A New Rural Development Paradigm for the 21st Century
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A New Rural Development Paradigm for the 21st Century

A Toolkit for Developing Countries

Three billion people live in rural areas in developing countries. Conditions for them are worse than for their urban counterparts when measured by almost any development indicator, from extreme poverty, to child mortality and access to electricity and sanitation. And the gulf is widening, contributing to large-scale migration to urban areas. This situation exists despite half a century of rural development theories and approaches, and despite the global momentum built around the Millennium Development Goals between 2000 and 2015. Without greater progress on rural development, it is unlikely that the new Sustainable Development Goals will be met. This book calls for a new paradigm for rural development that is equipped to meet the challenges and harness the opportunities of the 21st century – including climate change, demographic shifts, international competition and fast-moving technological change.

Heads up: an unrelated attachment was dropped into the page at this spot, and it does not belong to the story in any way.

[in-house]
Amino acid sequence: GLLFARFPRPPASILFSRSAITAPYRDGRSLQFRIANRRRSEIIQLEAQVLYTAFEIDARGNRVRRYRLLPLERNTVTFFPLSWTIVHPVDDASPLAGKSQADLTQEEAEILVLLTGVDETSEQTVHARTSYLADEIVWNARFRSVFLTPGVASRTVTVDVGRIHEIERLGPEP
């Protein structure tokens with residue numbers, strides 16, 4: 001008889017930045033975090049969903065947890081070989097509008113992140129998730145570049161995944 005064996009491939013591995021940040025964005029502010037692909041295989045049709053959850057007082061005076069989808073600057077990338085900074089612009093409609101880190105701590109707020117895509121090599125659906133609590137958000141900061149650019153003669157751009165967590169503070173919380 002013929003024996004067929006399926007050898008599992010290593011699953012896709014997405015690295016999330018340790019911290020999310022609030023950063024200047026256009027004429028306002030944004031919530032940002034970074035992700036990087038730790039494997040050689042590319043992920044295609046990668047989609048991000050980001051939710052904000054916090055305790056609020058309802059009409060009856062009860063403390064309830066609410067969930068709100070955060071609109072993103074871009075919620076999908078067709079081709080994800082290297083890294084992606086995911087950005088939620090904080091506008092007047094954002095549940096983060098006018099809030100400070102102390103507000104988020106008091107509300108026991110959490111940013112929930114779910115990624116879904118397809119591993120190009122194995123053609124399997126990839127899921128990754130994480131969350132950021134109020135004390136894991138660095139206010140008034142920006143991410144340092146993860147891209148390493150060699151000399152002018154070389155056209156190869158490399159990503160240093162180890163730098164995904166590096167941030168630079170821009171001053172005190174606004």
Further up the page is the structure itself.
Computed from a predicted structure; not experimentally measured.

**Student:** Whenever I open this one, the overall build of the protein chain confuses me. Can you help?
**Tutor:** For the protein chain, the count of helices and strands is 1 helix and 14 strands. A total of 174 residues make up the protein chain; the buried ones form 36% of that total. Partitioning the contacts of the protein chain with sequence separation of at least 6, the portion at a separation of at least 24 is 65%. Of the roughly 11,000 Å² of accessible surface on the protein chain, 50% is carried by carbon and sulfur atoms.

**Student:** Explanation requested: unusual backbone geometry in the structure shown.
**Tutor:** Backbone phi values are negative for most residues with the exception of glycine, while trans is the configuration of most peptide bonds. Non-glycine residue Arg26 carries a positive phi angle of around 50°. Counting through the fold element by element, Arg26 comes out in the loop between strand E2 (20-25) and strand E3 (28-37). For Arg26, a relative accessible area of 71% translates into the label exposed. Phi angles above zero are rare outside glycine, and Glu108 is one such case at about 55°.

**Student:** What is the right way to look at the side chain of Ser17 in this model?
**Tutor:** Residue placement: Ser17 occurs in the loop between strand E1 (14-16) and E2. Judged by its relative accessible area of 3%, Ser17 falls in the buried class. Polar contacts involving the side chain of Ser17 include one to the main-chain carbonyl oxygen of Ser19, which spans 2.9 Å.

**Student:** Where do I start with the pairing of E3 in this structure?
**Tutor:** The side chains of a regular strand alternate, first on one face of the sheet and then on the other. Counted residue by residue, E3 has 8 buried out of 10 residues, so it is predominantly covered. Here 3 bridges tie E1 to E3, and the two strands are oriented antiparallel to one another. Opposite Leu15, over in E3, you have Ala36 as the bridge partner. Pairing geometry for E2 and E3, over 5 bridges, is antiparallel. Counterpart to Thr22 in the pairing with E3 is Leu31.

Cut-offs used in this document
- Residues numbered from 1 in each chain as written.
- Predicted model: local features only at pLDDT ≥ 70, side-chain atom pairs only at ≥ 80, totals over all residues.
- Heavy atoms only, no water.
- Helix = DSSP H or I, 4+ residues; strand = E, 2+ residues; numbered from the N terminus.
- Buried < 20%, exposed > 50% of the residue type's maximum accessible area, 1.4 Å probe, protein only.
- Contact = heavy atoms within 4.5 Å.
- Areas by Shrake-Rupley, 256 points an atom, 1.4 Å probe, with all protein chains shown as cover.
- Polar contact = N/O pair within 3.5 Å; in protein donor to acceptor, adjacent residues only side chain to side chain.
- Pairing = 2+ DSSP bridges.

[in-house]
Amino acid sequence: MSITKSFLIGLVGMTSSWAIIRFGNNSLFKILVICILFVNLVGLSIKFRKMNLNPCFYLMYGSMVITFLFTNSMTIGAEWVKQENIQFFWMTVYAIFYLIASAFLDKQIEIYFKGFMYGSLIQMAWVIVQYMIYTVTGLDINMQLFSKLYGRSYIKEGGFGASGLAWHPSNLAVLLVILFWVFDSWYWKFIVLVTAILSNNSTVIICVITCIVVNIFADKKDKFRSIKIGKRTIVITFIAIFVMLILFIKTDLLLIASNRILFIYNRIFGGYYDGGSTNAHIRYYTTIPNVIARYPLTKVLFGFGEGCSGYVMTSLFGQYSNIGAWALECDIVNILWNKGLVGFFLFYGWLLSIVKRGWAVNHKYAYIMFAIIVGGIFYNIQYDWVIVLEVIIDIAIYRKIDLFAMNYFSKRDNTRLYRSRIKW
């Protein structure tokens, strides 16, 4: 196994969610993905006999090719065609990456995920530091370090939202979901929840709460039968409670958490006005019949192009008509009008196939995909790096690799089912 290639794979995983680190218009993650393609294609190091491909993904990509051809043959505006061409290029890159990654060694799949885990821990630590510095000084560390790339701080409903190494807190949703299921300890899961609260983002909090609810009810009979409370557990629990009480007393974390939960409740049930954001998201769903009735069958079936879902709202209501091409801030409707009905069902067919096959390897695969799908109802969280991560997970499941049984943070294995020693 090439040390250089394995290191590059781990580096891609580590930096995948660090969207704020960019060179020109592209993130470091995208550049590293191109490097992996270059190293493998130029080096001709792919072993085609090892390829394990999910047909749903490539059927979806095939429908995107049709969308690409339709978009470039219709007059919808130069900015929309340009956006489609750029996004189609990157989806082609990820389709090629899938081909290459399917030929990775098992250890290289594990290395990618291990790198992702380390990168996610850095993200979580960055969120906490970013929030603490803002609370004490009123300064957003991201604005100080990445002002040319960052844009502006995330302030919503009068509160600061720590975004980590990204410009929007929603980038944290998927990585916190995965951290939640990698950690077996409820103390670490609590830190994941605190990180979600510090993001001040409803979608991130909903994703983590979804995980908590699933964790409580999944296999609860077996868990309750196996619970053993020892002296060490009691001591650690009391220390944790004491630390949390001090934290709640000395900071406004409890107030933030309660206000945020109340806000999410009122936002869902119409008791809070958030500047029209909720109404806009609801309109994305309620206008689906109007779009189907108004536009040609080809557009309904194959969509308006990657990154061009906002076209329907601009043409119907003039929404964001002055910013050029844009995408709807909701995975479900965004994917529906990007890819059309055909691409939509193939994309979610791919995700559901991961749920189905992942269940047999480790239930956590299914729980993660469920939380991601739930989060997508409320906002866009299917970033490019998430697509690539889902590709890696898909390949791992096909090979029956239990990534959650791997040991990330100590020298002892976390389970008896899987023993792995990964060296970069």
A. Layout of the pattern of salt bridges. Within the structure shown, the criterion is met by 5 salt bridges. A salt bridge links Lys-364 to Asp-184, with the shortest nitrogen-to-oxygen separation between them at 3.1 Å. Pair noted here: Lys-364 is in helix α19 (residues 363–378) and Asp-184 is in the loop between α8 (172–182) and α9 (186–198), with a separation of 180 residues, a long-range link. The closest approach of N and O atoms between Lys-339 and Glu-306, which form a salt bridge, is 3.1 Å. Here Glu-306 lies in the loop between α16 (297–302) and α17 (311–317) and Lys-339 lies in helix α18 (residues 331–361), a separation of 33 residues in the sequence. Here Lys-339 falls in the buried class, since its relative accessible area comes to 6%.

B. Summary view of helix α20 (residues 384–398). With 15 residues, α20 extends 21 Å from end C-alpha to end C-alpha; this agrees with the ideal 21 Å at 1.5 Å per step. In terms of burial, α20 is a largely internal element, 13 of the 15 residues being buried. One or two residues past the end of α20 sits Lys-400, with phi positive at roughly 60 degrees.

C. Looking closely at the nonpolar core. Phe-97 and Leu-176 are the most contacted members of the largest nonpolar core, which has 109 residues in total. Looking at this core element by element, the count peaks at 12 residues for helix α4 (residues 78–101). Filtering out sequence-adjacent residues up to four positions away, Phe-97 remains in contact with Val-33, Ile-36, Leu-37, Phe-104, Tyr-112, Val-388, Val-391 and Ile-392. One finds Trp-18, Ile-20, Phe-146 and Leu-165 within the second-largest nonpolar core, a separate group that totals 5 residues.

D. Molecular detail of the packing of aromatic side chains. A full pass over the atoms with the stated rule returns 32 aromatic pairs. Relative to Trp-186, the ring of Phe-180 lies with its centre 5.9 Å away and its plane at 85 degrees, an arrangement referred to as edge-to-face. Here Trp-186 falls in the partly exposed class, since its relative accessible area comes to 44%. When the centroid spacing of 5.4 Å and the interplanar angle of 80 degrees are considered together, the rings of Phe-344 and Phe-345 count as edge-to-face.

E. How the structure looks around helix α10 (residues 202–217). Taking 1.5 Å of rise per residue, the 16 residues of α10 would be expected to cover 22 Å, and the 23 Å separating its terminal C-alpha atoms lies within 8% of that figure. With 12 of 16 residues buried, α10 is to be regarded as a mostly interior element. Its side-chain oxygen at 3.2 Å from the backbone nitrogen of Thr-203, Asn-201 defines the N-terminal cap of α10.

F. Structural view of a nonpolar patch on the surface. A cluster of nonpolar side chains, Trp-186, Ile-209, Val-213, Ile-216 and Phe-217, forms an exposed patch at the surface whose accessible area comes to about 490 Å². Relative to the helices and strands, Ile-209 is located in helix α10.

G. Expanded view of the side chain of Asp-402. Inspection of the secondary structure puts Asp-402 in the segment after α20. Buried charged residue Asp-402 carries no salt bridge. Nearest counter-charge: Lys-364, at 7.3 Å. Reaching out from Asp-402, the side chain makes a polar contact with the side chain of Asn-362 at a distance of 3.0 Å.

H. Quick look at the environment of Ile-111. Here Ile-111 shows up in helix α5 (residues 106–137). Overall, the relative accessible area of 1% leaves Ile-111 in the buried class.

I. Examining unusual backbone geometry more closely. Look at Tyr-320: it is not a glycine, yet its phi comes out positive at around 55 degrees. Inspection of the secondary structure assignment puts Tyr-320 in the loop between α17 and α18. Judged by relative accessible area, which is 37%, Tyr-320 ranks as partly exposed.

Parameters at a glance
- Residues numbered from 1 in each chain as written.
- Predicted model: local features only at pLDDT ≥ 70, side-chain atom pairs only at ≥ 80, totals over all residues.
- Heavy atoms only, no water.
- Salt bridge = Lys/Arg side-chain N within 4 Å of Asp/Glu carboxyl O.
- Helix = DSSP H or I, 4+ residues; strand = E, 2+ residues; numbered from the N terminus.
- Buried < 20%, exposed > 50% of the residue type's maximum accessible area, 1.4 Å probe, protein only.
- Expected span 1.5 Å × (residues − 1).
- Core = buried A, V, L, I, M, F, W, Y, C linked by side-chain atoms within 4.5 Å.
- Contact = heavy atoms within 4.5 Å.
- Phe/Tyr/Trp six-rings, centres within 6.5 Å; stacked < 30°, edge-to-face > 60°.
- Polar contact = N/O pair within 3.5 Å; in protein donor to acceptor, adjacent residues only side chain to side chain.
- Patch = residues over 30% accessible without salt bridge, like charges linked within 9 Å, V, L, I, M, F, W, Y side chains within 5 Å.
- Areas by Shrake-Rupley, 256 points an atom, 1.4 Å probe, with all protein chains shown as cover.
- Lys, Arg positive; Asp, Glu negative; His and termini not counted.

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Foreword and Acknowledgements You do not have access to this content

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Author(s):
OECD

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Three billion people in developing countries live in rural areas, and they include the majority of the world’s poor. They are constrained by a lack of productive employment opportunities, poor education and infrastructure, and limited access to markets and services. Although building on the experience of early developers is key, rural regions in less developed parts of the world today face new challenges and opportunities that developed countries did not face before. Challenges include a more demanding competitive international environment, rapidly growing rural populations, increased pressure on limited environmental resources and climate change. Opportunities include advances in information and communications, agricultural, energy, and health technologies that can help address some of these challenges.

 
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